Landowners Needed to Save the Red Wolf
The last fourteen remaining red wolves were rescued from the brink of extinction 35 years ago and became the ancestors of all red wolves alive today. Through careful breeding and reintroduction efforts, there are now 50-75 red wolves raising pups. These wolves range across a portion of their native habitat on the Albemarle Peninsula in eastern North Carolina, with another 200 red wolves in captive facilities across the country.But, this endangered species once again faces an uncertain future.
Landowner cooperation has been pivotal to the success of the U.S. Fish & Wildlife Service’s Red Wolf Recovery Program and the goal of establishing a healthy red wolf population in eastern North Carolina.
Wildlife, like the red wolf, do not recognize the boundaries of public lands, so the cooperation and stewardship efforts of private landowners are essential to the recovery of this endangered species. While North Carolina’s Alligator River National Wildlife Refuge became the first release site with the introduction of four male-female pairs in 1987, the red wolf now ranges across three national wildlife refuges, a Department of Defense site, state-administered lands and private property.
Due in part to a breakdown in communication and trust with local landowners, the U. S. Fish & Wildlife Service recently announced that it is suspending any further red wolf introductions and conducting an evaluation of the Red Wolf Recovery Program. The outcome of the evaluation is expected by the end of 2015.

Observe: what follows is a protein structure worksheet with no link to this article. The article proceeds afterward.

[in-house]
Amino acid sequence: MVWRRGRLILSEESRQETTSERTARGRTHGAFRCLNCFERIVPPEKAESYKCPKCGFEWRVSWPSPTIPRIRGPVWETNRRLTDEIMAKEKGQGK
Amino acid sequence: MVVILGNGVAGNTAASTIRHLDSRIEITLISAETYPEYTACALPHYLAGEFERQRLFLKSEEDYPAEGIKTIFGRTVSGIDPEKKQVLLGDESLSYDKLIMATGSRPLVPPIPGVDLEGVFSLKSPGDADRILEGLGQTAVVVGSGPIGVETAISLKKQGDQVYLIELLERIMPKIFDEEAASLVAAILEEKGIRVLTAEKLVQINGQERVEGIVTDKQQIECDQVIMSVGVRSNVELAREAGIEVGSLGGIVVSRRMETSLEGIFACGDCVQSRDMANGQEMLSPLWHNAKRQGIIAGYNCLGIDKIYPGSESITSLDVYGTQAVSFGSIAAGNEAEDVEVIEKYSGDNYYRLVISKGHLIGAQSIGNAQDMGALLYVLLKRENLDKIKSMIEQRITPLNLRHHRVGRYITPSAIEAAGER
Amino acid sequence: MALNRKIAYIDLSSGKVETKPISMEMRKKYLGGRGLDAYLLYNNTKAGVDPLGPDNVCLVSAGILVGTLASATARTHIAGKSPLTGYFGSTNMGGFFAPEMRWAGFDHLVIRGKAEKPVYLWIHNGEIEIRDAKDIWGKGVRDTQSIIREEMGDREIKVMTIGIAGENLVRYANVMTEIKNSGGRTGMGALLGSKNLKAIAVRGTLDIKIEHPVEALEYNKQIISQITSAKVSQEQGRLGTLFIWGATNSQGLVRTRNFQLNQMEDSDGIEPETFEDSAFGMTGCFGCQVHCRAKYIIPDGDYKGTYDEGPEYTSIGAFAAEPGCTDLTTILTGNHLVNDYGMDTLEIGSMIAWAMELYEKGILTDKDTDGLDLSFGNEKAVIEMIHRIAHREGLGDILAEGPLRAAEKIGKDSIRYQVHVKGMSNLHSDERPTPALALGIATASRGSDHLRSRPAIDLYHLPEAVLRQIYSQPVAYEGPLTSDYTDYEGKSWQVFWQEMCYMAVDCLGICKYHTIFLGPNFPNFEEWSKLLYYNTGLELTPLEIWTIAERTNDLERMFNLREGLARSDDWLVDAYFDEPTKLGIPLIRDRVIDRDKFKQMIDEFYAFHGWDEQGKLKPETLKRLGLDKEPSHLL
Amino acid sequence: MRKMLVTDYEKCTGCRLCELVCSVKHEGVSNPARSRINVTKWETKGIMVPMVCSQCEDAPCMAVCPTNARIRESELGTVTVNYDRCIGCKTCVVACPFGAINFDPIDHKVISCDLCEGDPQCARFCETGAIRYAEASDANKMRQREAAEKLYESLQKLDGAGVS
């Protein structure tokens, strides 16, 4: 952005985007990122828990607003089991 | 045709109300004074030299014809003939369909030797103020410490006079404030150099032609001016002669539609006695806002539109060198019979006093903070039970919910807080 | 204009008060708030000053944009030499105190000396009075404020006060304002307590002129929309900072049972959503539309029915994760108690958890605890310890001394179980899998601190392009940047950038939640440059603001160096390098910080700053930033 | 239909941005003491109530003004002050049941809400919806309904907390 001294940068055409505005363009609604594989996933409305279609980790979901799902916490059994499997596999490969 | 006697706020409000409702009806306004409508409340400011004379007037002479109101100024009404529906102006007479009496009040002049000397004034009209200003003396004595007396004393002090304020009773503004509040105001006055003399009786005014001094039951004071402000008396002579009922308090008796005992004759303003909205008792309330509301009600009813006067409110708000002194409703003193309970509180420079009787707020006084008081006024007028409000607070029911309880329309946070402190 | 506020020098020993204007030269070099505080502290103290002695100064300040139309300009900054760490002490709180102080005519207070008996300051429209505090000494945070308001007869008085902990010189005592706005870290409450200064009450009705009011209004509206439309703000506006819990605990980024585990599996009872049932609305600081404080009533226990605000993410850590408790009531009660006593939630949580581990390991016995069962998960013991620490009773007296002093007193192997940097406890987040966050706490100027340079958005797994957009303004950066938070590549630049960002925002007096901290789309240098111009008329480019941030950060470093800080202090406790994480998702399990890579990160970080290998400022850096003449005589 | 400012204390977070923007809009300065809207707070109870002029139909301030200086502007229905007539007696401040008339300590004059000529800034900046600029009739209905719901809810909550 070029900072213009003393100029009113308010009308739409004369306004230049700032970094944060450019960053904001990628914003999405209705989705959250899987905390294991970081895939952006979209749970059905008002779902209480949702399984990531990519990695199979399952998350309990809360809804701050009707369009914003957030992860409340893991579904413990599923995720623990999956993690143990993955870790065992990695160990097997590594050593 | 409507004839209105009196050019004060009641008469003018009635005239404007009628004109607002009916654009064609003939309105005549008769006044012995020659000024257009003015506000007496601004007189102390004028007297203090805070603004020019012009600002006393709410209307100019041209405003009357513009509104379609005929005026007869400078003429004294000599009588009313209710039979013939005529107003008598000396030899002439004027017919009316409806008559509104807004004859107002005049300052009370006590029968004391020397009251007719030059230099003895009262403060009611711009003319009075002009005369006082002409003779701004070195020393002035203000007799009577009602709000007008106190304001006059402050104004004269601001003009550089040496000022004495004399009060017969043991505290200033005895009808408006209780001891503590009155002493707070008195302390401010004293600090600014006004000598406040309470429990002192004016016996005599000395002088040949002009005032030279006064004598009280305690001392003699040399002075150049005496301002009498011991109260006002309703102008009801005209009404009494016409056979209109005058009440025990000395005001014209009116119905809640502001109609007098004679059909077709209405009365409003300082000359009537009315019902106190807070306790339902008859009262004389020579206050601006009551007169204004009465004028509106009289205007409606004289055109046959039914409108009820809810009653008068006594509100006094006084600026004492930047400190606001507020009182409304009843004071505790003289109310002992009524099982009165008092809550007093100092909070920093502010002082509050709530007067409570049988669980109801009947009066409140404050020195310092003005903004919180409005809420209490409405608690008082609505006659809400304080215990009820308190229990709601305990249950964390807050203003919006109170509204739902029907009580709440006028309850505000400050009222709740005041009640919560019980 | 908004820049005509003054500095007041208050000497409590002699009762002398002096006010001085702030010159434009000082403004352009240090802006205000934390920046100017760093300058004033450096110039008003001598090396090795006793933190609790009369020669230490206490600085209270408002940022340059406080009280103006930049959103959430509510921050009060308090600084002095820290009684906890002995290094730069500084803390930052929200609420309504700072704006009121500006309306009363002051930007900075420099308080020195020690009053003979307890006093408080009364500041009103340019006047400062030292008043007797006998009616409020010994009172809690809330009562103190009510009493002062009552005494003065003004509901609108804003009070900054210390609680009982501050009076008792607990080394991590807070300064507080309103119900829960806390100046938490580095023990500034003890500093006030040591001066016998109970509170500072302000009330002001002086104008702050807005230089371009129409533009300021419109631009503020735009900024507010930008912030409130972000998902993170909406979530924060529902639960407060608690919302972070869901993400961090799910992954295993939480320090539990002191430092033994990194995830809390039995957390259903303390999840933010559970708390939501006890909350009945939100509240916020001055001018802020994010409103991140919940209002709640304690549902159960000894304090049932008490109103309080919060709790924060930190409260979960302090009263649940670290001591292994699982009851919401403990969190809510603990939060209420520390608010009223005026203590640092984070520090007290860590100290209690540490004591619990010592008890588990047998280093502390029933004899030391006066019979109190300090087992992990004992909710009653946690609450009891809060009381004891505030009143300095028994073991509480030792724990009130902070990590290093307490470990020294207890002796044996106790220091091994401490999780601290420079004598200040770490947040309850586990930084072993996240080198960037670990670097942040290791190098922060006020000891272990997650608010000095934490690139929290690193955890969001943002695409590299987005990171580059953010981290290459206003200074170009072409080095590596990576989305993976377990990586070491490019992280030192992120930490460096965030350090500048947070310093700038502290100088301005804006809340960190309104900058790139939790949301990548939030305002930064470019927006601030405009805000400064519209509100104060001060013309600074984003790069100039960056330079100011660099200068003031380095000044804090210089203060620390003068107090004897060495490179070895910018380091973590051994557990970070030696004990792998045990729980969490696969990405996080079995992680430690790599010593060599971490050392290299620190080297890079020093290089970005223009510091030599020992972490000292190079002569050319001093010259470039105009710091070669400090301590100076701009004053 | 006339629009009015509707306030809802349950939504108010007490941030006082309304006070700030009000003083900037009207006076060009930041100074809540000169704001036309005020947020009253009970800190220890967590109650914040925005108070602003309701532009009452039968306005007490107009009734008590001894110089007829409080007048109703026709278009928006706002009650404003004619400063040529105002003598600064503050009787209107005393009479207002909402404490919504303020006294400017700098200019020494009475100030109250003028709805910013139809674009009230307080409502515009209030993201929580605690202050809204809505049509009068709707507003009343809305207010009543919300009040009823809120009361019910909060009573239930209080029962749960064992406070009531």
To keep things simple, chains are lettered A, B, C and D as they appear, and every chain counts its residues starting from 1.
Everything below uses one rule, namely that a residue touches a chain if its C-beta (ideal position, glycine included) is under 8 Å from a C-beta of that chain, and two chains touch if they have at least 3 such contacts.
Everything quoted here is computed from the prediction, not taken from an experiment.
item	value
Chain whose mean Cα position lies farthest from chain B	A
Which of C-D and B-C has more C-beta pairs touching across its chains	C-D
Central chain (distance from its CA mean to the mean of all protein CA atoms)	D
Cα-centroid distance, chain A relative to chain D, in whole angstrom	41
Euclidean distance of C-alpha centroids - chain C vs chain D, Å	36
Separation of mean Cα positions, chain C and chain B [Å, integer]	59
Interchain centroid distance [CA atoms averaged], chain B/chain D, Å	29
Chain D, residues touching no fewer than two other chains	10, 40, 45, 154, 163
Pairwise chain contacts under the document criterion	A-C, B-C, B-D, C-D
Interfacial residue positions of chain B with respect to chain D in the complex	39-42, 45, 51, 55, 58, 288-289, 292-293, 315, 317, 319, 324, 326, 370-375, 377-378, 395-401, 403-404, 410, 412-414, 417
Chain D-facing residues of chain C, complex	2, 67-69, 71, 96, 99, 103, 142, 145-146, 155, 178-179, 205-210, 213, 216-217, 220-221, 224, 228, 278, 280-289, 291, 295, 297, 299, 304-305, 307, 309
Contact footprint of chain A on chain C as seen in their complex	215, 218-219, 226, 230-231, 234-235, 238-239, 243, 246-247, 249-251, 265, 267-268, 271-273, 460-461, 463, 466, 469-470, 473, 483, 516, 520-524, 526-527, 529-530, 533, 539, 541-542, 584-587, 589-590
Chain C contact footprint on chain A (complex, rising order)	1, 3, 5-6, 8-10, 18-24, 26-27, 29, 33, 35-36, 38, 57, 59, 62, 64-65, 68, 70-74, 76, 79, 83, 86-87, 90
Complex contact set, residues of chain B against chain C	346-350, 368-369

The Road to Recovering an Amazing Species
Together with the North Carolina Wildlife Federation and other partners, National Wildlife Federation is working to help ensure the recovery of this amazing species. We have supported red wolf reintroduction since the 1980s, and over the years, we have advocated to increase federal funding for red wolf recovery and helped fund rewards for information leading to the conviction of poachers of these amazing animals.
The U.S. Fish and Wildlife Service’s Red Wolf Recovery Program has been instrumental in helping to bring red wolves back from the brink of extinction. The program is vital for combating the imminent threats faced by this endangered American species.
What We Can Do Right Now
While red wolves may only currently exist in North Carolina, the U.S. Fish and Wildlife Service has a responsibility to all citizens of the United States to work towards recovery of the red wolf by improving landowner relations, enhancing communication and transparency, and possibly using incentives for private land owners.
Strong conservation voices from across the country are needed to ensure that the red wolf continues to rebound.
Please join with us in urging the U.S. Fish and Wildlife Service to work with landowners to SAVE the Red Wolf Recovery Program. Write on the USFWS Facebook page now calling for action!